Using the Full Wavefield

The PGS Full Waveform Inversion (FWI) solution uses diving waves, refractions, and reflections together to deliver accurate full record length model updates in a stable manner without relying on very long offsets.

PGS uses a smart imaging condition to avoid the high wavenumber artifacts (perturbation) that conventional FWI suffers from. 

Additionally, PGS has modified the variable density acoustic wave-equation to one using vector-reflectivity. This enables accurate modeling of reflections using a term directly determined from the data. The objective function is constrained by an elegant regularization scheme within the inversion. The entire workflow allows accurate background models to be built, avoiding inversion results that resemble seismic images. 

Key PGS FWI Benefits

  • Uses diving waves, refractions, and reflections together to reduce dependence upon very long offsets and provide high-fidelity velocity models
  • Avoids cycle-skipping artifacts and delivers models with correct long-wavelength information
  • Removes migration isochron artifacts resulting in accurate deep velocity models
  • High-resolution deep velocity updates translate to improved subsurface images and robust reservoir characterization
  • No need to construct a density model or have an accurate velocity model with hard boundaries

Smart Imaging Condition for Artifact-Free FWI Using the Full Wavefield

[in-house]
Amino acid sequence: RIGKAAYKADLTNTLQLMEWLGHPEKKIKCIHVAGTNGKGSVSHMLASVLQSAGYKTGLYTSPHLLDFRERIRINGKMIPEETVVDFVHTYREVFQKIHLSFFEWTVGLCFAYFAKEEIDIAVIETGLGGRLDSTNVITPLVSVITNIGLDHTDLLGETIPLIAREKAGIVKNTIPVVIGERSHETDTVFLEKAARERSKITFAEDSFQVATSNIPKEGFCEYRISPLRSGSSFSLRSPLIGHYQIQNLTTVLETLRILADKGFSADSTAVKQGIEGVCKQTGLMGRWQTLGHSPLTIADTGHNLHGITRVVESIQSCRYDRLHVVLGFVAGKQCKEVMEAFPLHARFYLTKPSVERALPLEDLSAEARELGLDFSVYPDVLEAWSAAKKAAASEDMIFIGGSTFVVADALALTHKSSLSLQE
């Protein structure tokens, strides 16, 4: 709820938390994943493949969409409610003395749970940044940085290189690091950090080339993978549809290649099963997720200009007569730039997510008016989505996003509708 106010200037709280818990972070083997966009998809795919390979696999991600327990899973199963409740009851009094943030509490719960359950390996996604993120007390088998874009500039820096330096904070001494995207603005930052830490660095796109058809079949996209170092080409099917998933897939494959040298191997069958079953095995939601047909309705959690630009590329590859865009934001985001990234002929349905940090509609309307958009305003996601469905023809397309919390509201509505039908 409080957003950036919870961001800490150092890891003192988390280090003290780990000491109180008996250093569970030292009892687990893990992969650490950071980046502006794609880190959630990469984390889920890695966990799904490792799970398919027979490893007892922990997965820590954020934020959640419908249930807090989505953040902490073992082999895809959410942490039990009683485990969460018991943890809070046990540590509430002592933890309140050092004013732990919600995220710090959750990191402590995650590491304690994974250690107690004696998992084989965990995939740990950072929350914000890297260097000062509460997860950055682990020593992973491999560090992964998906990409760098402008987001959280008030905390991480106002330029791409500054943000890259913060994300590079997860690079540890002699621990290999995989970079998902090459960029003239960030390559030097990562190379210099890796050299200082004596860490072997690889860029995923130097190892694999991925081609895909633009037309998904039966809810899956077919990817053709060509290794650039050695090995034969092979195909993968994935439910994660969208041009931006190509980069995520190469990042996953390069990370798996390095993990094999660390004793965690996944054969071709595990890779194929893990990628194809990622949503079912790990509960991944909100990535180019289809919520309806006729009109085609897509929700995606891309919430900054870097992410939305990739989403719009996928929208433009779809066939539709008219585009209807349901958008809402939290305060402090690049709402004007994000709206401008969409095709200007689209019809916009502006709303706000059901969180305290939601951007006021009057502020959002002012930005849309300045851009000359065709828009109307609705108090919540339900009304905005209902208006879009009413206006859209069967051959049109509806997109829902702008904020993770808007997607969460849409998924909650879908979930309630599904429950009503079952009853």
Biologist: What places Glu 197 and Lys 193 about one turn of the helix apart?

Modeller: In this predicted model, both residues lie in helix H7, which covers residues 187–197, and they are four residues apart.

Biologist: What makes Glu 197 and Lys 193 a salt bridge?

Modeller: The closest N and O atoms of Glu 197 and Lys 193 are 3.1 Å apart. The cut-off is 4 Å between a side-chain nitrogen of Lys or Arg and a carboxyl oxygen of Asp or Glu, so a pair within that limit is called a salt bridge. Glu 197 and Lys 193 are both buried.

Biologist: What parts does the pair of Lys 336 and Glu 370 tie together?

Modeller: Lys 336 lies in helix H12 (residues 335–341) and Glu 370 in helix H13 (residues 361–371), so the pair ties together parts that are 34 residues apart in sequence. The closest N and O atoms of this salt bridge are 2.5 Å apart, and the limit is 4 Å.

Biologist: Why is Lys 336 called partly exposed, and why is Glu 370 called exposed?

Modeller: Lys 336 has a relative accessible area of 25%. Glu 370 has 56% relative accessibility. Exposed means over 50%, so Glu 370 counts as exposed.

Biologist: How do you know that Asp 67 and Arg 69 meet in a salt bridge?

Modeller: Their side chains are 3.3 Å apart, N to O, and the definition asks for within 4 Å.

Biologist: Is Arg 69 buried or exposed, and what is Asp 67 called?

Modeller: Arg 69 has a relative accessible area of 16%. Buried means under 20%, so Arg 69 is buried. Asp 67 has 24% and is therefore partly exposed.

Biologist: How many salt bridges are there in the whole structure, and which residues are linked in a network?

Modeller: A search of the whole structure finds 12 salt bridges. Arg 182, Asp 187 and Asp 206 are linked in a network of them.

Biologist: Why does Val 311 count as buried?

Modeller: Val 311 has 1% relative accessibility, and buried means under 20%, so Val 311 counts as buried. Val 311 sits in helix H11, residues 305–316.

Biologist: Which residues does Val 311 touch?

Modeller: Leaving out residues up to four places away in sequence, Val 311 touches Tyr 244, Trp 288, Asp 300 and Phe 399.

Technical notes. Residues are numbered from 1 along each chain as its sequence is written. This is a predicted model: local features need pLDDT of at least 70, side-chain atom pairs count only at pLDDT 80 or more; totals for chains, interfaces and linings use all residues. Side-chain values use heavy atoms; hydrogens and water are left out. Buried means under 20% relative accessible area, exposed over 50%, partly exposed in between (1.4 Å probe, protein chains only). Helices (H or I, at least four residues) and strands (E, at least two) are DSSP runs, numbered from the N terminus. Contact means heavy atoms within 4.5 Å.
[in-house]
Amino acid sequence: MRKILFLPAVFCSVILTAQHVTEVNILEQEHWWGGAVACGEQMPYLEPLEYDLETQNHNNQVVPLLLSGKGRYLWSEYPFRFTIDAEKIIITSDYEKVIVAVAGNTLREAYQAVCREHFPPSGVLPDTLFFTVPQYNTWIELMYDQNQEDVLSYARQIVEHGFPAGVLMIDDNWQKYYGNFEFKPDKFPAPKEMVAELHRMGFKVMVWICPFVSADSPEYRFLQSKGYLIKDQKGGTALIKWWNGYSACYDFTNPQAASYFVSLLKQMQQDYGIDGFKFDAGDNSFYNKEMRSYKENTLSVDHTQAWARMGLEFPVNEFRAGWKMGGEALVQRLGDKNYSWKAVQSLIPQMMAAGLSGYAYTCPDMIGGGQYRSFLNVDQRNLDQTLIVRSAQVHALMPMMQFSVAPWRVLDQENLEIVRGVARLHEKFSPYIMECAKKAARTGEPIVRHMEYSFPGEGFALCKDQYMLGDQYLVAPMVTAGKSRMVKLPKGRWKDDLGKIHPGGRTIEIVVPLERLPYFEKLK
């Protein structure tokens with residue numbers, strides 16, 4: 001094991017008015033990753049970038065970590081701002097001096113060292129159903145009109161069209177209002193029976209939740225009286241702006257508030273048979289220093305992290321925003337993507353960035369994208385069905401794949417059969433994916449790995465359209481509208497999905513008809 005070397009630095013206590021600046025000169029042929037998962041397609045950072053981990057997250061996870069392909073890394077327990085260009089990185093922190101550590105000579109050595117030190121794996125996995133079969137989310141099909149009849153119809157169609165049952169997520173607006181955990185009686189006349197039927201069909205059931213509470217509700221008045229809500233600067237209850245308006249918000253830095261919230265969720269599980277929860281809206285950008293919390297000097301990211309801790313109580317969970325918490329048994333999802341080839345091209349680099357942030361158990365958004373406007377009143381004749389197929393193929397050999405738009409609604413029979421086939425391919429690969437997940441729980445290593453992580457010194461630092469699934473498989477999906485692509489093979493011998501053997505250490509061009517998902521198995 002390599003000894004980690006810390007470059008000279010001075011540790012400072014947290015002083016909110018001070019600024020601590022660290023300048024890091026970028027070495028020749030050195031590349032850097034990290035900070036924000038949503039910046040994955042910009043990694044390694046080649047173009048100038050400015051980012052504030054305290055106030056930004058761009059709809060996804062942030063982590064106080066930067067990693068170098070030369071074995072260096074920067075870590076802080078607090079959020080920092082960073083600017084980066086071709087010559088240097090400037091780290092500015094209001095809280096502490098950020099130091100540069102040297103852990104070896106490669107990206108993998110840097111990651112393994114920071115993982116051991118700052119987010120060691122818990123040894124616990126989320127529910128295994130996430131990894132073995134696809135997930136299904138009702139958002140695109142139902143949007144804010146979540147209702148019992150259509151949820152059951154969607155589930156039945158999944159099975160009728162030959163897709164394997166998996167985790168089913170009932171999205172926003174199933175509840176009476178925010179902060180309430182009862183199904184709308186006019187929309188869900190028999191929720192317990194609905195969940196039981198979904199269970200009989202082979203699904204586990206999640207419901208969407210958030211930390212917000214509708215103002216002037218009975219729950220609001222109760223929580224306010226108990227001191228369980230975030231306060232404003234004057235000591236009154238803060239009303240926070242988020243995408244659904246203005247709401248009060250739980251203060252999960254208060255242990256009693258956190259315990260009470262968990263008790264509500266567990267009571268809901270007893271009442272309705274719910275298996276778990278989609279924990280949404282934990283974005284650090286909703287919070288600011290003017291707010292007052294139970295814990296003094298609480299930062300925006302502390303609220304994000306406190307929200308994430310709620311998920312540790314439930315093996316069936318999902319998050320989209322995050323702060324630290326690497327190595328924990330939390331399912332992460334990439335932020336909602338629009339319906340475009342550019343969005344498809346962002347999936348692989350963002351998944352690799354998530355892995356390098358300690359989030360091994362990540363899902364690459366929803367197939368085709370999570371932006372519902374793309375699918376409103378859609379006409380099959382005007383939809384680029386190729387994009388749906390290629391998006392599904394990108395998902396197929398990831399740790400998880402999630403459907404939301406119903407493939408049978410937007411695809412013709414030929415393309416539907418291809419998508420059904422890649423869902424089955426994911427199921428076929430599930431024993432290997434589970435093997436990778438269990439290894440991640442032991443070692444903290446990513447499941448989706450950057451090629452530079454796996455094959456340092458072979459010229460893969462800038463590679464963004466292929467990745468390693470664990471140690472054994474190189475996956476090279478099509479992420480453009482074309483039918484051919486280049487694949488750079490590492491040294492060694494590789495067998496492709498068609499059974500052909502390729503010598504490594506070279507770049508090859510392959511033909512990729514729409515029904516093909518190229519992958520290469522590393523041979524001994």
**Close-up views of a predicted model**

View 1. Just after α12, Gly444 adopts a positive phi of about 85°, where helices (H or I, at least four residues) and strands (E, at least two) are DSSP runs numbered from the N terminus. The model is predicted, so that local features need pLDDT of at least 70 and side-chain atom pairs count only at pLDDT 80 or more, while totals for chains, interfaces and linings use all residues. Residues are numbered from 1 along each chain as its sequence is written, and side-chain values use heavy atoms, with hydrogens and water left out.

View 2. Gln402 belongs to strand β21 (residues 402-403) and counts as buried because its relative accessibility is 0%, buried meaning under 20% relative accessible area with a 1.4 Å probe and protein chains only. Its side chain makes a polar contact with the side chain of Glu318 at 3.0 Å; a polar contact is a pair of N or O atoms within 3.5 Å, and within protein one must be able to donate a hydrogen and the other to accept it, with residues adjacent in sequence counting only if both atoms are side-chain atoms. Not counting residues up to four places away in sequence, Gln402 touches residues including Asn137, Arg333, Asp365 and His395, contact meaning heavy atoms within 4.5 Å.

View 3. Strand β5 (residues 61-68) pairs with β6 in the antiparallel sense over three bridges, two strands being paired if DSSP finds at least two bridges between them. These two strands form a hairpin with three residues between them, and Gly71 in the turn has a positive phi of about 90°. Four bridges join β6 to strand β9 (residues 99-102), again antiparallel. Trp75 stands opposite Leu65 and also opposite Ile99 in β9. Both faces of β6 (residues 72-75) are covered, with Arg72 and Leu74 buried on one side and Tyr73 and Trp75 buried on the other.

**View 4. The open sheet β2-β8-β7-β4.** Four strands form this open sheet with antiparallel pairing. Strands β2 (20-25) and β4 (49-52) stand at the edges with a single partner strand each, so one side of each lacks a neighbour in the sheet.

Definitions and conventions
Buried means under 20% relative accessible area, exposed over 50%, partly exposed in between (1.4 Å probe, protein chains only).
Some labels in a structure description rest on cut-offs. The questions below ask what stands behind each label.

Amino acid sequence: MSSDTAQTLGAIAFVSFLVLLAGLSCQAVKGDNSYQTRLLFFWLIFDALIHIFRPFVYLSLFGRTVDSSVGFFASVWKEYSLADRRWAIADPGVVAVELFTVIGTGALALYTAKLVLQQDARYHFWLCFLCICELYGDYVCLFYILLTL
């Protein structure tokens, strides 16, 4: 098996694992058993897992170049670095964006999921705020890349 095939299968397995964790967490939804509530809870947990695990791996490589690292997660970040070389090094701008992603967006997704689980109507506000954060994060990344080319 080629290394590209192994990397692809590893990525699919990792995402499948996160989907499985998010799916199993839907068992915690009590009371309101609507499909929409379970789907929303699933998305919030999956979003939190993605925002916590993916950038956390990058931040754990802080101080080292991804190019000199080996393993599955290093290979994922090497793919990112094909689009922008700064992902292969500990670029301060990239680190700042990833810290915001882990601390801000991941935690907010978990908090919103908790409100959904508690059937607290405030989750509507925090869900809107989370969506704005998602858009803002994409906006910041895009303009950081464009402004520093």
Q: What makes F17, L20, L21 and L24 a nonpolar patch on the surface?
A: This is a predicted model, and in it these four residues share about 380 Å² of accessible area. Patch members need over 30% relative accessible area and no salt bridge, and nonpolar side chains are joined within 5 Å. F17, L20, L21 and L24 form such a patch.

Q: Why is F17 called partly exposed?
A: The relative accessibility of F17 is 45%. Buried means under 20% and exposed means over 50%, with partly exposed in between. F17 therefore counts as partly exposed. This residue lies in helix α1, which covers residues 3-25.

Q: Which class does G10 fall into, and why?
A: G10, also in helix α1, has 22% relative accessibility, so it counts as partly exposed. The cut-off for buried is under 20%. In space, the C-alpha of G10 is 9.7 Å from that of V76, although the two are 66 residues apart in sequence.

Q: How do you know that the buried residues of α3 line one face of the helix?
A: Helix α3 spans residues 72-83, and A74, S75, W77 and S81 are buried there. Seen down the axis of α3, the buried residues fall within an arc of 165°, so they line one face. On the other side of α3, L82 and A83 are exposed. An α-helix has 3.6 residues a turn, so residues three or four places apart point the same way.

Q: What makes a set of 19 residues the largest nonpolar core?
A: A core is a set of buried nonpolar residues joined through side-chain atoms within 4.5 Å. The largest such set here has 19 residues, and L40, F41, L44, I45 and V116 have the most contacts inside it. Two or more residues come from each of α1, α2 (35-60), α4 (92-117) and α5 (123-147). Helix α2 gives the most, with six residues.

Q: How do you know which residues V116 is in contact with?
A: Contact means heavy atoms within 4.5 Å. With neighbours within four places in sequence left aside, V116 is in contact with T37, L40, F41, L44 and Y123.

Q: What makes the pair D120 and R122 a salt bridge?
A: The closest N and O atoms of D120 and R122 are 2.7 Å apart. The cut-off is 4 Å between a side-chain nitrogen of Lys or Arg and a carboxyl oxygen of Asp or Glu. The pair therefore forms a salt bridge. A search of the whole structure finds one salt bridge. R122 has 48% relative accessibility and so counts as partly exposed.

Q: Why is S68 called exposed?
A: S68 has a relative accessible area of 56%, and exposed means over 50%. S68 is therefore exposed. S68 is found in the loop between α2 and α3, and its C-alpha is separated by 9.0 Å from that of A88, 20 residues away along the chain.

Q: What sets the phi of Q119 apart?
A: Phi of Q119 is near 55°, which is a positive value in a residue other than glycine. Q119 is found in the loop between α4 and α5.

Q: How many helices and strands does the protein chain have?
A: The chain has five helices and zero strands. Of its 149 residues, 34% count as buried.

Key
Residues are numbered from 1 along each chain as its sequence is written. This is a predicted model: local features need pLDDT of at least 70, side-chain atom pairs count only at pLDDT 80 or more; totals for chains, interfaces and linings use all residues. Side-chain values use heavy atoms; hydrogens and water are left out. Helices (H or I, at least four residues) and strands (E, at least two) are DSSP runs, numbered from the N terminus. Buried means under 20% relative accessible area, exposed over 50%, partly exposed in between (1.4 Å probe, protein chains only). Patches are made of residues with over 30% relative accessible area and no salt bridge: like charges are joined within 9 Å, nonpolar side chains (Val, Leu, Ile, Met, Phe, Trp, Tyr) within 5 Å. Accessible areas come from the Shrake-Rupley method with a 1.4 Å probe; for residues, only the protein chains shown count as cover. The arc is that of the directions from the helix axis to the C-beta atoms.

The figure below has the technical name of being the 'sensitivity kernel' for FWI, and describes PGS' smart imaging condition. Written formally, it shows the sensitivity of the FWI misfit function to the perturbation of a specific parameter, in this case the velocity being derived from field shot gathers. In simpler terms, it shows where the velocity model is updated for a particular source-receiver offset (5 km here) using two types of FWI solution: 'Transmission FWI' which uses diving waves and refractions to provide velocity model updates, and 'Reflection FWI' which uses reflections to provide velocity model updates.

Sensitivity kernels for both transmission FWI and reflection FWI that use the conventional crosscorrelation imaging condition (left) and the inverse scattering imaging condition (right). The new PGS FWI kernel (right) removes migration isochron artifacts resulting in accurate deep velocity models.
Sensitivity kernels for both transmission FWI and reflection FWI that use the conventional crosscorrelation imaging condition (left) and the inverse scattering imaging condition (right). The new PGS FWI kernel (right) removes migration isochron artifacts resulting in accurate deep velocity models.

The left and right versions of this figure appear similar but they are not. First, let us examine what is different for transmission FWI and reflection FWI. Heuristically, it is obvious why transmission FWI requires extremely long offsets to provide reasonably deep velocity updates: The 'banana' transmission FWI kernel only affects the velocity model in this example for quite shallow depths. Velocity updates at larger depths will require much longer offsets. In contrast, reflection FWI clearly provides much deeper velocity updates for the same offset.